Roblox is counting on adults to buy its stock when the company goes public next month. But it also wants them as customers.
Roblox has become one of the top-grossing apps on Apple and Google devices through its millions of user-created games that allow kids to hang out with their friends while navigating theme parks, racing on speedways and adopting pets.
With children stuck at home during the pandemic, revenue in 2020 surged 82% to $ 923.9 million, while the number of hours spent on the platform more than doubled to 30.6 billion. Players spend money to dress up their avatars and get advanced features in games.
In looking to a future of sustained expansion and less reliability on kids, particularly as classrooms and real-world theme parks reopen, Roblox is targeting older users and non-gamers. As the company says in its prospectus, people over the age of 13 have “a higher propensity to spend on content, and our ability to increase penetration in, and user contribution from, this demographic will affect our ability to grow revenue.”
It was one of the key messages in Roblox’s online investor presentation on Friday, ahead of the company’s stock market debut scheduled for March 10.
“We’re increasingly appealing to an older user base,” CFO Mike Guthrie said in the video. He said usage among people age 13 and older more than doubled last year and that demographic now accounts for 44% of daily active users.
However, even a 13-year old is well shy of being a self-sufficient adult, and the company hasn’t said how many users are in their 20s, 30s and beyond.
Roblox is pursuing several avenues to expand its reach beyond kids. Within gaming, it’s bolstering its technology so users can create more feature-rich content and the types of immersive titles that appeal to older gamers.
But CEO David Baszucki, who started Roblox in 2004, wants people to stop thinking about the company as a gaming site and, rather, to consider all the ways the so-called metaverse can be used in entertainment, education and other types of live events.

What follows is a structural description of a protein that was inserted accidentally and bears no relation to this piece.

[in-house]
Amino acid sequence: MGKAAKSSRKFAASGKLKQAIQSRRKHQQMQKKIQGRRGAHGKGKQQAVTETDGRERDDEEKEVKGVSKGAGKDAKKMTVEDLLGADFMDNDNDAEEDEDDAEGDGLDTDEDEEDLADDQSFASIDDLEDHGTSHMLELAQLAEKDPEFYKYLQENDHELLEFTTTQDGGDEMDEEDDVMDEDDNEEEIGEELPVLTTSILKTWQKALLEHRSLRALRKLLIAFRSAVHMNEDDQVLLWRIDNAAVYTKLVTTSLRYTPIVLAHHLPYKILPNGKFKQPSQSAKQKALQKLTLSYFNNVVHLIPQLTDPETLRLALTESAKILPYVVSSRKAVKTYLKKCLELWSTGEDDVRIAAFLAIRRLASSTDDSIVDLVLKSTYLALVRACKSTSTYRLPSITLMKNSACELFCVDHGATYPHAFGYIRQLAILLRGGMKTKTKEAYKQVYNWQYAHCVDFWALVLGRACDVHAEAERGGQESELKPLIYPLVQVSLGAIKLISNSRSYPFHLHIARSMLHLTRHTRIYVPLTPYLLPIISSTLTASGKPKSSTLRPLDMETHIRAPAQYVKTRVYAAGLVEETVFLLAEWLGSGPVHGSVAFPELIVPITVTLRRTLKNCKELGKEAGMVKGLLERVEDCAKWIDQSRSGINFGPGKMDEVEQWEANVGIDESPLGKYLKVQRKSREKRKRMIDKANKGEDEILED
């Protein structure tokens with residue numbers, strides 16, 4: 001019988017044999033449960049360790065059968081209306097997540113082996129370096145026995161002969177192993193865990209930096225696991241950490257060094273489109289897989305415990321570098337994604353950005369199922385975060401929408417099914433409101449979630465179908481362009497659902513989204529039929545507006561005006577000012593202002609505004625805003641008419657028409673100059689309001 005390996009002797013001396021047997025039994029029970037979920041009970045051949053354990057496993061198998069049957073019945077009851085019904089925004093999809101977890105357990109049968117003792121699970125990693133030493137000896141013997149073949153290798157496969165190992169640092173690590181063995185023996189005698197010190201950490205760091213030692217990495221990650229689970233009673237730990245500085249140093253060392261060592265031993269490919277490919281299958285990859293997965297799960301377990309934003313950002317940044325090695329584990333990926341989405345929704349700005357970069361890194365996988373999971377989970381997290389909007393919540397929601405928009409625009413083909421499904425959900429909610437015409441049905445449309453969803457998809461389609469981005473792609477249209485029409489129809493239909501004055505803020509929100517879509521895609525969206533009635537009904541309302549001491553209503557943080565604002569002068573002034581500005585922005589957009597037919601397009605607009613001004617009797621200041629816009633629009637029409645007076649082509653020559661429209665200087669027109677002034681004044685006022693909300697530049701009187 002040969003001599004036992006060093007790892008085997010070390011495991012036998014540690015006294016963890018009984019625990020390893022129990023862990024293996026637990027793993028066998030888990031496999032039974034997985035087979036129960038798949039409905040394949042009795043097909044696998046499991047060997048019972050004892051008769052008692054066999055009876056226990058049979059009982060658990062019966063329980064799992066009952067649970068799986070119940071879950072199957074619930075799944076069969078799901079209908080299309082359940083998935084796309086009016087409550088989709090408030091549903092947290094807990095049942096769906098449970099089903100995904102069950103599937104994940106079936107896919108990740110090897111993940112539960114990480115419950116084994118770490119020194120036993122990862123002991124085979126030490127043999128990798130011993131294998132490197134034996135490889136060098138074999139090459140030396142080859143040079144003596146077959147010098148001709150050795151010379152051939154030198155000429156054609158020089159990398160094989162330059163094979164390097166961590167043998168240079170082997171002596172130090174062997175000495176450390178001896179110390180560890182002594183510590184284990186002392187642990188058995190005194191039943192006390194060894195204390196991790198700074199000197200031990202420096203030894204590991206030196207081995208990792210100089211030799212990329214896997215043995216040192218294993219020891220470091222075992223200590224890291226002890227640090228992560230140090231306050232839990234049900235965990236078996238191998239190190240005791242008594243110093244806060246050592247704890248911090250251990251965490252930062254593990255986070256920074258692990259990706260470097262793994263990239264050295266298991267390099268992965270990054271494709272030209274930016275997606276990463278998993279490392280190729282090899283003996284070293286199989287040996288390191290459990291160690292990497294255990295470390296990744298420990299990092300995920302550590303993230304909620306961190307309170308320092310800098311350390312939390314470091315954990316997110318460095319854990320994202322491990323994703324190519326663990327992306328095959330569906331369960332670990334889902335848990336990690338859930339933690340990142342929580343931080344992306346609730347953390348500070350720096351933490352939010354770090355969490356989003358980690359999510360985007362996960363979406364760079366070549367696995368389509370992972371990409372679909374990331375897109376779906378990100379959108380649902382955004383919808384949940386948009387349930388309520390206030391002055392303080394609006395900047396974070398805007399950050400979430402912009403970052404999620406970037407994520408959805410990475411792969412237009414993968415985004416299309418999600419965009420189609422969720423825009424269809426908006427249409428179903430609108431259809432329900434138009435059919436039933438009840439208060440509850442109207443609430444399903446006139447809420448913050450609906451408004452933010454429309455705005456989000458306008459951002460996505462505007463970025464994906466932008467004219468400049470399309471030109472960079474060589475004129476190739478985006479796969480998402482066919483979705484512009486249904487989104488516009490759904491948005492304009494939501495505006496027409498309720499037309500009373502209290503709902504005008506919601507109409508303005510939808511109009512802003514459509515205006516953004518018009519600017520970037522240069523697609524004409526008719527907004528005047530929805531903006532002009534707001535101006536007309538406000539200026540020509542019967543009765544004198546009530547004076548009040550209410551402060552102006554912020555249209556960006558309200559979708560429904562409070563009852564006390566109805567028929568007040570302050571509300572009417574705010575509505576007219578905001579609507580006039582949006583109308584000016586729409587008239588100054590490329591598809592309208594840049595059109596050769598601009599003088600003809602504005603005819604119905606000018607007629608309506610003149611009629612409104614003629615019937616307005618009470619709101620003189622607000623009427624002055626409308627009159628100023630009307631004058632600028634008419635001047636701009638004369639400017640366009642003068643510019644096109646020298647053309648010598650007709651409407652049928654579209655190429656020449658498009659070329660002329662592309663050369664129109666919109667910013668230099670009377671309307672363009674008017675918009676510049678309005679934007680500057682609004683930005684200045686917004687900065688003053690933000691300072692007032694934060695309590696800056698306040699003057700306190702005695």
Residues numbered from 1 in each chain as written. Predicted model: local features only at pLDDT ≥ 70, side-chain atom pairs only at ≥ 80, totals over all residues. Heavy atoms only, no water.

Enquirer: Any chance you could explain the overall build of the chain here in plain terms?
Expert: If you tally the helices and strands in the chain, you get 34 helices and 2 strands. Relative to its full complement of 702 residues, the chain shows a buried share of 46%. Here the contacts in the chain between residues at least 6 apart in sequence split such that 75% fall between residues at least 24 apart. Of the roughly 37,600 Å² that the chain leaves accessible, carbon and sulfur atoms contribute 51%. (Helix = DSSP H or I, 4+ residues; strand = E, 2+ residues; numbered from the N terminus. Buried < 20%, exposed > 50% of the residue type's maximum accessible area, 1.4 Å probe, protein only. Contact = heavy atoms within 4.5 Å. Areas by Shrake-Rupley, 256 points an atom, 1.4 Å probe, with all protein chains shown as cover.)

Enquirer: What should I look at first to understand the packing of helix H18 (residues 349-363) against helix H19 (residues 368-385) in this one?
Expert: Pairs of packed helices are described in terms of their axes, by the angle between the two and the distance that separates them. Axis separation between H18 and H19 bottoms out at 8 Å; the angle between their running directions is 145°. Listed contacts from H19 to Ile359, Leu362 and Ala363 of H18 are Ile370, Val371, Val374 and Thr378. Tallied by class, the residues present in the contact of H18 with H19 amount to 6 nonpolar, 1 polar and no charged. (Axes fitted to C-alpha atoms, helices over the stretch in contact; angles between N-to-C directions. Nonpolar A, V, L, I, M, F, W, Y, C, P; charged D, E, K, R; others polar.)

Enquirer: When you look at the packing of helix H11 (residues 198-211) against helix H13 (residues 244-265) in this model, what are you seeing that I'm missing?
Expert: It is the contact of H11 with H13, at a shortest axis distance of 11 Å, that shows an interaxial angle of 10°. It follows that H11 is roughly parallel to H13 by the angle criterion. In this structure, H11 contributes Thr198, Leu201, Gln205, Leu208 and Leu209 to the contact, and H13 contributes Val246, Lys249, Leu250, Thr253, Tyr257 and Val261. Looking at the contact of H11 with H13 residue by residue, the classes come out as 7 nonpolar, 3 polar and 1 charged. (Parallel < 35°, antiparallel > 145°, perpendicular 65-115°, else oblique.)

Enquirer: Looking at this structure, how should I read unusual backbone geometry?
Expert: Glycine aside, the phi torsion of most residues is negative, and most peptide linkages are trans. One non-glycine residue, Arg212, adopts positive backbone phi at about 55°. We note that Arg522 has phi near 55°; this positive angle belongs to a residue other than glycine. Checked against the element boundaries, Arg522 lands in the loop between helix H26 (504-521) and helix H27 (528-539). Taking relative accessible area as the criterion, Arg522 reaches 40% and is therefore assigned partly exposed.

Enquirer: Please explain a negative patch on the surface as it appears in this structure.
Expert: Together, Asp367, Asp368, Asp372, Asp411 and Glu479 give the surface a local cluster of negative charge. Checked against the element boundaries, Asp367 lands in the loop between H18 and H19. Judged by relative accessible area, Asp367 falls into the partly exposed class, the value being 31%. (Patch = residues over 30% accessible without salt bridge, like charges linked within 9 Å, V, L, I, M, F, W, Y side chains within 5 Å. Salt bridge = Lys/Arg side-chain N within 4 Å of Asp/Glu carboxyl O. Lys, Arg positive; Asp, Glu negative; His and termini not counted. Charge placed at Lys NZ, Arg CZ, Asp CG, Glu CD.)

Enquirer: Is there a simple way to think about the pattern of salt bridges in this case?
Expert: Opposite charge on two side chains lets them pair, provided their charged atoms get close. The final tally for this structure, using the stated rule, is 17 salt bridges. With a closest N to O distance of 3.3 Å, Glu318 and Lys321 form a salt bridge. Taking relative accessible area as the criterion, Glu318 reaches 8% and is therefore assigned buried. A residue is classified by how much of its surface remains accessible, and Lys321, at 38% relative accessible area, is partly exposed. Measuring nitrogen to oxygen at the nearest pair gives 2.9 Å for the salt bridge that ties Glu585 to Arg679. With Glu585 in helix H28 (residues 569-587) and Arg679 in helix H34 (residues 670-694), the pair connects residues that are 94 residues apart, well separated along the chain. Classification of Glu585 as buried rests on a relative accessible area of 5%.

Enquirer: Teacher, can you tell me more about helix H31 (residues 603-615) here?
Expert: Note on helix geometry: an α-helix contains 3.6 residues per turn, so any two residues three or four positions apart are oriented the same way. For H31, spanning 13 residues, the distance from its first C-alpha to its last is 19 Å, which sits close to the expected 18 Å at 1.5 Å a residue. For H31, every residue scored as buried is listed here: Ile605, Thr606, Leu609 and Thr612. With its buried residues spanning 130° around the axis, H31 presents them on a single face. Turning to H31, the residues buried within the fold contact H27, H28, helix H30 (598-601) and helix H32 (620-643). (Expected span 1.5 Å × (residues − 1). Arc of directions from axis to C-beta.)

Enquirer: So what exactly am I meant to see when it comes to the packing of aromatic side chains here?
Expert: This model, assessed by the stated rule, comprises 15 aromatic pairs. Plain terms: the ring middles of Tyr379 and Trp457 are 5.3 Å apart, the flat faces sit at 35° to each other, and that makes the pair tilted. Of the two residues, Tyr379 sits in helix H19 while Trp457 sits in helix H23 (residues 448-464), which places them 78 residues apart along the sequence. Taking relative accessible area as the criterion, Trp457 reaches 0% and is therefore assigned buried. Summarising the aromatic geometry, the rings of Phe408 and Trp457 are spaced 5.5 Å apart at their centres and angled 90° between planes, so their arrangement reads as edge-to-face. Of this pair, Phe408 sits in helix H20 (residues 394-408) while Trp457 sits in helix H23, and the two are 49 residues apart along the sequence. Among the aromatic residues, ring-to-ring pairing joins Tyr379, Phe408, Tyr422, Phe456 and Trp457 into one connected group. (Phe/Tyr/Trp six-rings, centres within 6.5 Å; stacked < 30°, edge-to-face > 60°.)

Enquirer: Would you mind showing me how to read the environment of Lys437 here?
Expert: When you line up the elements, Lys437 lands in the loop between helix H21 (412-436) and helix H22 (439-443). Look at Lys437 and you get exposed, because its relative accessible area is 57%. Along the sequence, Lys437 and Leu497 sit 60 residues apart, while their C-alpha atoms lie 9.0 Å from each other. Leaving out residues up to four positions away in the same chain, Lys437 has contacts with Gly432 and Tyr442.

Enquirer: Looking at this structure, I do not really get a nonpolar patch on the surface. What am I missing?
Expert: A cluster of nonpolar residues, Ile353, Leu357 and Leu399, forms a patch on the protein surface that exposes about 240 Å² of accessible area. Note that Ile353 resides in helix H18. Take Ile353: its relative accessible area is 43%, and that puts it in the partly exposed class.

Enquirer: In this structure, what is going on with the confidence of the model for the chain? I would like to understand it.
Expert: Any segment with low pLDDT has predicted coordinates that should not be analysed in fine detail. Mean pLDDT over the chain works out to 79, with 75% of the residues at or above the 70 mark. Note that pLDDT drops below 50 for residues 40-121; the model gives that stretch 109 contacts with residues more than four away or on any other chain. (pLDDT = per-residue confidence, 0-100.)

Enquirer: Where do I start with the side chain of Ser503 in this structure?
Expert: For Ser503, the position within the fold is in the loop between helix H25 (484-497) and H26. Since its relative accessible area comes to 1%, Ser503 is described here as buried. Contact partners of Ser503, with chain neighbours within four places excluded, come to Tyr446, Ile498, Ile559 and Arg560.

“When we experience concerts together, we dance together, we chat with our friends, we dress up,” Baszucki said in the investor presentation. “Concerts aren’t just something we consume. They really are naturally something we do together.”
Roblox has already started to showoff its capabilities for hosting virtual concerts. For two nights in November, the rapper Lis Nas X held a virtual performance in Roblox that attracted over 30 million visits. Attendees saw the artist’s avatar enter the scene to the sound of his hit song, “Old Town Road.”
Baszucki said the company held its holiday party on Roblox, with some employees sticking to the main stage, others chatting in various locations, while a few chose to “hang out in the virtual bar.”
Beyond entertainment and events, Baszucki envisions schools using Roblox for immersive educational lessons. Rather than sitting on a video call with dozens of other students learning about physics, we can “together jump into the physics experiment,” he said. Or instead of learning about birds, “we can together be birds” hunting for food and seeing what it’s like trying to survive, he said.
In the question and answer section of the presentation, Roblox executives said they will provide forward financial guidance next week.
For now, Roblox is a gaming app beloved by kids and tolerated by parents looking for ways to keep their children engaged. That’s what’s driven the valuation up to $ 29.5 billion, according to a January funding round.
Roblox spent $ 201.4 million in research and development last year, up 88% from 2019, in part to move into new types of products. Whether older users prove willing to pay for those virtual experiences in the same way they pay for their kids’ entertainment is a big question for investors as they consider how to value the stock.
In the risk factors section of its prospectus, the company says one key factor that could harm future growth is if “we do not develop and establish the social features of our platform, allowing it to more broadly serve the entertainment, education, and business markets.”